Written by: Dianne Hatke, Executive Contributor
Executive Contributors at Brainz Magazine are handpicked and invited to contribute because of their knowledge and valuable insight within their area of expertise.
Are you waking up every morning to complete your daily routine of affirming, scripting, visualizing, and repeating? Are you avoiding or overriding every shred of negativity and unpleasant emotion as possible? Have you been doing this work yet still have not made the change both internally and externally you have been seeking? While I do believe these affirmations and the like have a time and a place and can be helpful, if you’re finding that they aren’t getting you the results you want, keep reading.
There are two reasons why affirmations and other, what I call “band-aid,” mindset techniques don’t work to help people actualize long-term change. First, these techniques are surface level and do not get to the root of what is causing these limiting beliefs and behaviors in the first place. Second, they do not take into consideration the physiological responses these often deeply rooted beliefs present in the body. Let’s break both of these down.
Getting to the root of your limiting beliefs: I like to think of affirmations as a prescription drug. You know you have a problem (your limiting beliefs/behaviors), but instead of understanding the underlying cause for this belief, you take a pill (your affirmations) to cover it up and hope eventually it goes away on its own. This is no different than visiting your doctor for sleep issues and her prescribing you a pill to fall asleep without trying to figure out why you are having sleep issues in the first place.
If you want to make lasting change, you must see beneath the surface of your limiting beliefs; you must understand them. You can do this simply by asking questions around them.
Some questions I like to ask are:
What led me to believe this?
How do I react when this belief shows up?
When is the first time I remember this thought coming up for me?
What does this belief prevent me from doing?
What might be true about this belief?
What’s false about this belief?
What have I experienced in the past to prove this belief wrong?
Once you get to know the thoughts keeping you stuck, it is time to understand how they show up in your body. This is important because even if you are telling yourself one thing, but your body is responding in the opposite way, you are likely to find yourself reacting to your physiological responses, not your mental ones. Recognizing these responses can be a bit trickier than recognizing the thoughts running rampant in your mind. We become so used to these physiological responses that we are not even aware they are coming up for us.
Getting to know the body: To learn how your body is responding to your mind is sometimes obvious, like when you have about of anger, fear, or anxiety, but often it is very subtle, especially if we are often in that state. A person who thinks they are worthy and capable of achieving all they desire is going to feel much different in their body than a person who thinks they are not. Next is the process I use and teach to help myself and others understand how their body is responding to their thoughts. I always suggest understanding your limiting beliefs or the negative thoughts coming up for you first (at least for beginners). This practice will be easier if you already know what has been coming up for you.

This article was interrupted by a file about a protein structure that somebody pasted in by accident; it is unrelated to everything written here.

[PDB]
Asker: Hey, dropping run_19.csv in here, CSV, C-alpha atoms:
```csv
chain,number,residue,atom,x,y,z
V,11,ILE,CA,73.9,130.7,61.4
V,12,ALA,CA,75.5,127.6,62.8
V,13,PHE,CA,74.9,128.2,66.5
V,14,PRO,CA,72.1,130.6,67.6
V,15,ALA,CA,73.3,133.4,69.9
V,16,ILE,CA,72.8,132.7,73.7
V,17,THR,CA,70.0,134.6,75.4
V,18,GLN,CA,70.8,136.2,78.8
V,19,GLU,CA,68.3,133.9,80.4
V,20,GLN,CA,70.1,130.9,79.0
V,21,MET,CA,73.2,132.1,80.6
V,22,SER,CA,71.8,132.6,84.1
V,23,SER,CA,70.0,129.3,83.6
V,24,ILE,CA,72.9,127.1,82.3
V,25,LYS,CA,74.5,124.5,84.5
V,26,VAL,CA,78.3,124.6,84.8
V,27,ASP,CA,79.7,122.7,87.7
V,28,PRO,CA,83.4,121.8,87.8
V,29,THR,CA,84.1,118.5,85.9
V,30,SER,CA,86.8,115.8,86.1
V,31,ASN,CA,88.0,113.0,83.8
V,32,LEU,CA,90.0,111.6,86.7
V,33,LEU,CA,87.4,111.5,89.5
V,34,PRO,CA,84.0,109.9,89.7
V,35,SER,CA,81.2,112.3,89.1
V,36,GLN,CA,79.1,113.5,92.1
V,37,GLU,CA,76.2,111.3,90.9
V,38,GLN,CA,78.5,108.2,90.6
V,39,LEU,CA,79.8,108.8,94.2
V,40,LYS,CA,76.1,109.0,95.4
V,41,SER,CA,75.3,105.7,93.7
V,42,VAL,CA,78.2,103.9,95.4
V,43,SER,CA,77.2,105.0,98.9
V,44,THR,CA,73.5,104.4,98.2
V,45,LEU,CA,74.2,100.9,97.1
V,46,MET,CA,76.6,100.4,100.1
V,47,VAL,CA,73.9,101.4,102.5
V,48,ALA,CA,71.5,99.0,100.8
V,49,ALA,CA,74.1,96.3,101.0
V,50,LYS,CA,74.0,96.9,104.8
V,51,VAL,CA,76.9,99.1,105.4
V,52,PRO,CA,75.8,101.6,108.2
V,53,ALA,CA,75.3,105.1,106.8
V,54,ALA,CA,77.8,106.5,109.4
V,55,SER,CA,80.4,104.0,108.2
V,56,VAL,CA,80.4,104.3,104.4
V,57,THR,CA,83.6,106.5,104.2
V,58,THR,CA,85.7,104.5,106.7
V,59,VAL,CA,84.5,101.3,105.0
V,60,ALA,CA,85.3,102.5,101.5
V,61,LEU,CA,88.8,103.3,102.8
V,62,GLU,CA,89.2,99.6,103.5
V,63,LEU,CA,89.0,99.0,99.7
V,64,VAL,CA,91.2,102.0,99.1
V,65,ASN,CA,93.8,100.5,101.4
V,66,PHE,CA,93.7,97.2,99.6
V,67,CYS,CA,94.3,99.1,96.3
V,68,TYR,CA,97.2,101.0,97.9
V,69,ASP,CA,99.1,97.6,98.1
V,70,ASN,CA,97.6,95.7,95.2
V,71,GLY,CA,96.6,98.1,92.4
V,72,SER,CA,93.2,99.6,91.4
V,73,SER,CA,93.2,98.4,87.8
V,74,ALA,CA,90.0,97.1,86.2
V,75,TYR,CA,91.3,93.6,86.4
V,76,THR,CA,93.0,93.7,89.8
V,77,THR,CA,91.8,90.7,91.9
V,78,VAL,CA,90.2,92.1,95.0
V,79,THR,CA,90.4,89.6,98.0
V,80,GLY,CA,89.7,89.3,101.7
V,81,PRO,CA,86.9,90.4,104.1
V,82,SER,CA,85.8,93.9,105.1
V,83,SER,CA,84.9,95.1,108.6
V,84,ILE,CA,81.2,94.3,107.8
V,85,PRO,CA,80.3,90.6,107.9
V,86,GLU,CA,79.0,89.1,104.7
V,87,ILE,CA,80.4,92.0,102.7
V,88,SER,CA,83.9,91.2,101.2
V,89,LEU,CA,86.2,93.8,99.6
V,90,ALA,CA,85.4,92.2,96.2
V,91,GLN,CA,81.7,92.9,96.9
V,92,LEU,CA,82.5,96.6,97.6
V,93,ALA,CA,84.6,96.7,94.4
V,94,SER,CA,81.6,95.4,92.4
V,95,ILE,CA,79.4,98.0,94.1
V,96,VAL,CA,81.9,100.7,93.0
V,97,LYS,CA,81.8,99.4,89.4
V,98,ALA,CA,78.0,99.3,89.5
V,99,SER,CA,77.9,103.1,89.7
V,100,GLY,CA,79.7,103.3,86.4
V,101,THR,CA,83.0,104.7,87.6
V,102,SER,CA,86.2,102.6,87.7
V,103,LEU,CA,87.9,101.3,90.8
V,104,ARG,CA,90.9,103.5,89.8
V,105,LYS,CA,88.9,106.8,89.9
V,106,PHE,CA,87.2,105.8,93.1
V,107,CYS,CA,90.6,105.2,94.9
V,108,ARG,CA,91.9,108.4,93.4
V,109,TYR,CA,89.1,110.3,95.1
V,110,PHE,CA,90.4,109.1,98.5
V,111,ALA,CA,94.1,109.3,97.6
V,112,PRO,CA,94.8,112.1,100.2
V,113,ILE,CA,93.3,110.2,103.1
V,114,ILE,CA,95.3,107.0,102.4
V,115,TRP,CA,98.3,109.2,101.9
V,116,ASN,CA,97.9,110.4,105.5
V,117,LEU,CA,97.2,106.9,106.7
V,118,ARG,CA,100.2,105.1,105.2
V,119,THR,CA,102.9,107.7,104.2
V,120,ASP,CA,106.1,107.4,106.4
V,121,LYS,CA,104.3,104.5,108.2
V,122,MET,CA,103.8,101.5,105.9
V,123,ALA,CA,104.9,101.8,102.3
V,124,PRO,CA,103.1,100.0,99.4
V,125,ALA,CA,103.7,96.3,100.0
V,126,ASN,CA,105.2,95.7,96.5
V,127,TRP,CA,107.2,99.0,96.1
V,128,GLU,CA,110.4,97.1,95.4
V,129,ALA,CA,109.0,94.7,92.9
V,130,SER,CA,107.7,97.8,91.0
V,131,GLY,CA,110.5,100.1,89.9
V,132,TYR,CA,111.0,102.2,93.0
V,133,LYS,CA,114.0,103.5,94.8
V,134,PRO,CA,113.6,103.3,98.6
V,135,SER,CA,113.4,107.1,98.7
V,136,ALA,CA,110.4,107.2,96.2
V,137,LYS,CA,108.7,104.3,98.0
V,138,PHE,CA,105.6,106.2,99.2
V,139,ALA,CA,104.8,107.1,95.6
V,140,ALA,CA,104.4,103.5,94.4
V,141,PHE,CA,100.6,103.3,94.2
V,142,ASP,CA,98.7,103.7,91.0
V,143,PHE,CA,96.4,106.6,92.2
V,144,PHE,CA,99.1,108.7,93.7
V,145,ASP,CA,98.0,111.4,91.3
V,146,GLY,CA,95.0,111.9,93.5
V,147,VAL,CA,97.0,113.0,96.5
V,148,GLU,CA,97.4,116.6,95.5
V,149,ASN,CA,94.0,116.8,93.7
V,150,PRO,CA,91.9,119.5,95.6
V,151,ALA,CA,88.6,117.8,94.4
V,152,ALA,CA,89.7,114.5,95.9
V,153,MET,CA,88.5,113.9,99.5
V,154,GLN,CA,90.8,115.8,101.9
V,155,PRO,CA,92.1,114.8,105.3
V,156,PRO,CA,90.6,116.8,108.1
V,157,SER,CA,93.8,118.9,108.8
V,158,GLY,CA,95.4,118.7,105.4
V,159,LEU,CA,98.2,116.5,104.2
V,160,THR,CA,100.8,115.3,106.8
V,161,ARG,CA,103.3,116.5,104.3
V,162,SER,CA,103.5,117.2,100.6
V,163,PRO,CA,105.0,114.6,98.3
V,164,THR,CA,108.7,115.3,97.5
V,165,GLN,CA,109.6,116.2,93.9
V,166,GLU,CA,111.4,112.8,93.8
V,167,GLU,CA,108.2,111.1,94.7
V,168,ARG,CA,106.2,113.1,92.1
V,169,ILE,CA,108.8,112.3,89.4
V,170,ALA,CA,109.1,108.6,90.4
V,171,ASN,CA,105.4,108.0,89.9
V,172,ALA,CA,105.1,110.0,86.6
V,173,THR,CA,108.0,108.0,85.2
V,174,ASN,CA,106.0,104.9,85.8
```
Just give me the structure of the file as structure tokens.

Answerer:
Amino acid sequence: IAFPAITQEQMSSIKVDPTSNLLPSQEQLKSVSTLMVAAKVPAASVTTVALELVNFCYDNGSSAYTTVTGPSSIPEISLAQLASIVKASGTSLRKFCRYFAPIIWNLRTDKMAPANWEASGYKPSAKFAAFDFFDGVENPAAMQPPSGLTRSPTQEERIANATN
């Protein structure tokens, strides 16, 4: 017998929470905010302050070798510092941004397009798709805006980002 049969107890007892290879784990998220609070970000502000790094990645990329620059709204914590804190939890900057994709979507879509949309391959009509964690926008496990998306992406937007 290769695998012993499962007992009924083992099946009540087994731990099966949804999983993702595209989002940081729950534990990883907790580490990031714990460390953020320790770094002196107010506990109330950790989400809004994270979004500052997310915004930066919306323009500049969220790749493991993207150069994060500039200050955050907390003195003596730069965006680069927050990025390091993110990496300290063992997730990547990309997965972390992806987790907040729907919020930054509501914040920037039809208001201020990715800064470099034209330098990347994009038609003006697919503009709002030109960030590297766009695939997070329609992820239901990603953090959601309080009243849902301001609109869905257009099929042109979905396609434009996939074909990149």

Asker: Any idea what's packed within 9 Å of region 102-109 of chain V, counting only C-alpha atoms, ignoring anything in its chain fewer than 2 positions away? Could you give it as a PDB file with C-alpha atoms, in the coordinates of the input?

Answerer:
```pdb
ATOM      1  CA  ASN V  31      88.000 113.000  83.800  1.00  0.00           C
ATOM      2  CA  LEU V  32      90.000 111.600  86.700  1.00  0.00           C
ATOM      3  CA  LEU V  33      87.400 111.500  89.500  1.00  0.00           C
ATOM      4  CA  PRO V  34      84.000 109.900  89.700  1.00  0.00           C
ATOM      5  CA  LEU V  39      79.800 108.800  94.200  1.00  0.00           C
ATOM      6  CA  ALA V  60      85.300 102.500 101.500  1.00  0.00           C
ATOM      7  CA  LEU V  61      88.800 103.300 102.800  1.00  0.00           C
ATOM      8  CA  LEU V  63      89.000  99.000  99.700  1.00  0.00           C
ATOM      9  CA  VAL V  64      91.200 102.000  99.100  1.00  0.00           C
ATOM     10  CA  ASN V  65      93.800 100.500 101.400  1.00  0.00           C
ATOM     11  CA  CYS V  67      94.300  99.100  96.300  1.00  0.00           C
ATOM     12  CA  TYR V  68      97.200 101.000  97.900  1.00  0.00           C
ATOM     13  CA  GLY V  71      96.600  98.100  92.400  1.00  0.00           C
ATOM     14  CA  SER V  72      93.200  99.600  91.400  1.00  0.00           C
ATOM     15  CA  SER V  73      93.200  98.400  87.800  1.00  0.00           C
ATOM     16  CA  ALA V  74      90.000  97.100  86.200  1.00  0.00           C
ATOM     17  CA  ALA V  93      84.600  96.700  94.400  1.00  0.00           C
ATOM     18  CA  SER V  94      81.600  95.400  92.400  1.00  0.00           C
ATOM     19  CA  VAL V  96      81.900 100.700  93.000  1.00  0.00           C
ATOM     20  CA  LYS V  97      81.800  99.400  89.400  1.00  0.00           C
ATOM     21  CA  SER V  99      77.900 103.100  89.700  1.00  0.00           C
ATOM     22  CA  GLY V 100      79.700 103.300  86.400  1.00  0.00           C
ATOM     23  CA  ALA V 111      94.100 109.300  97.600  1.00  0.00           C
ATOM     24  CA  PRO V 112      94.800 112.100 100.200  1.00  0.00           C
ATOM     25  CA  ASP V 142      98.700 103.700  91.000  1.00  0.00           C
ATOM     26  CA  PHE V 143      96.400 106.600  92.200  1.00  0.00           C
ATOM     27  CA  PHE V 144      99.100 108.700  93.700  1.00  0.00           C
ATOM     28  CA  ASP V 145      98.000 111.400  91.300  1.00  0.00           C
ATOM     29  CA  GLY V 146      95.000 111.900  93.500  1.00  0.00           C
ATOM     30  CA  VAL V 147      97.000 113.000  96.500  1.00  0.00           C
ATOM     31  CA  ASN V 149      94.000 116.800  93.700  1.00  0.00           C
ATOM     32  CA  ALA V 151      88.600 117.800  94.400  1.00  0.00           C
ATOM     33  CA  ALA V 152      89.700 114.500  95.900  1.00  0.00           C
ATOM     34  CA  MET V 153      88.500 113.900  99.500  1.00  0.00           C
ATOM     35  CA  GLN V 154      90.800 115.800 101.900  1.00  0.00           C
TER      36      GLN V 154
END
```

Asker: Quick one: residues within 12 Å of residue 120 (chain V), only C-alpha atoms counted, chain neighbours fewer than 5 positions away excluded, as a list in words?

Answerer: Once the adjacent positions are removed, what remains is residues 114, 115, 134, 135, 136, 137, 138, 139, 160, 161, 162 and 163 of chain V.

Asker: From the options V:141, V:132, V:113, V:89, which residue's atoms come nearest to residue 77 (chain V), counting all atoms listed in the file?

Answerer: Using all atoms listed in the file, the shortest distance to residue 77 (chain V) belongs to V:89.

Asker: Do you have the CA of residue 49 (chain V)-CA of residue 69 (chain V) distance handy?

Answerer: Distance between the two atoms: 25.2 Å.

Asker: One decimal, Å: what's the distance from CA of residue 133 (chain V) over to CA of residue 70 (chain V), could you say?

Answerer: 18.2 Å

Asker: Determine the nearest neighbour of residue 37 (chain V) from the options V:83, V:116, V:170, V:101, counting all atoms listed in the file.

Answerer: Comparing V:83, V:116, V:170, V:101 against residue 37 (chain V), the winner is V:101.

First, find a comfortable place to sit and take a few deep breaths to relax. Do a quick body scan to tune into your body. This is simply starting at the top of your head and working your way down your body, noticing any sensations you are feeling.
Second, once you feel relaxed and comfortable, think of the limiting belief you are struggling with and notice how your body responds to it. Maybe you feel some tightness in your chest, maybe your stomach knots, maybe you feel flushed. Then, say the opposite of that belief. How does your body respond to that? Does it believe what you said? Notice any contrast.
Third, allow whatever unpleasant feelings that arise in you to move out of you. Notice them and name them. You can say “tightness in chest” or “knot in stomach” and watch how as you just notice these sensations, they fade away. What is important here is not to feed unpleasant emotions by thinking more negative thoughts or by judging yourself for having them and not to fight them by trying to push them back down. What you fight fights you back, and trying to pretend they aren’t there keeps them scratching at the surface, wanting to be seen.
As you begin allowing the physiological responses to move out of you, you can retrain your body to feel what you want to experience with your upgraded thoughts. A great way to do this is simply by thinking of things you are grateful for, feeling that gratitude, then bringing in your new, positive affirmations. Happy healing!
Dianne Hatke, Executive Contributor Brainz Magazine
Dianne Hatke is a leader in self-mastery and personal development. After nearly bankrupting her first business then rolling from its recovery right into marital struggles, Dianne has never been one to call it quits. Instead of giving up on either, she began diving deep into herself in unique ways to both maintain the mindset necessary to keep pushing through it all and to uncover the deeply rooted beliefs and thought patterns that led her down this path in the first place. She realized there is a huge gap between what we believe we are supposed to experience, and what we actually experience, a gap that leaves many feeling alone and lost. Through her work, she has discovered her gift and her passion of helping people rediscover and reconnect with themselves.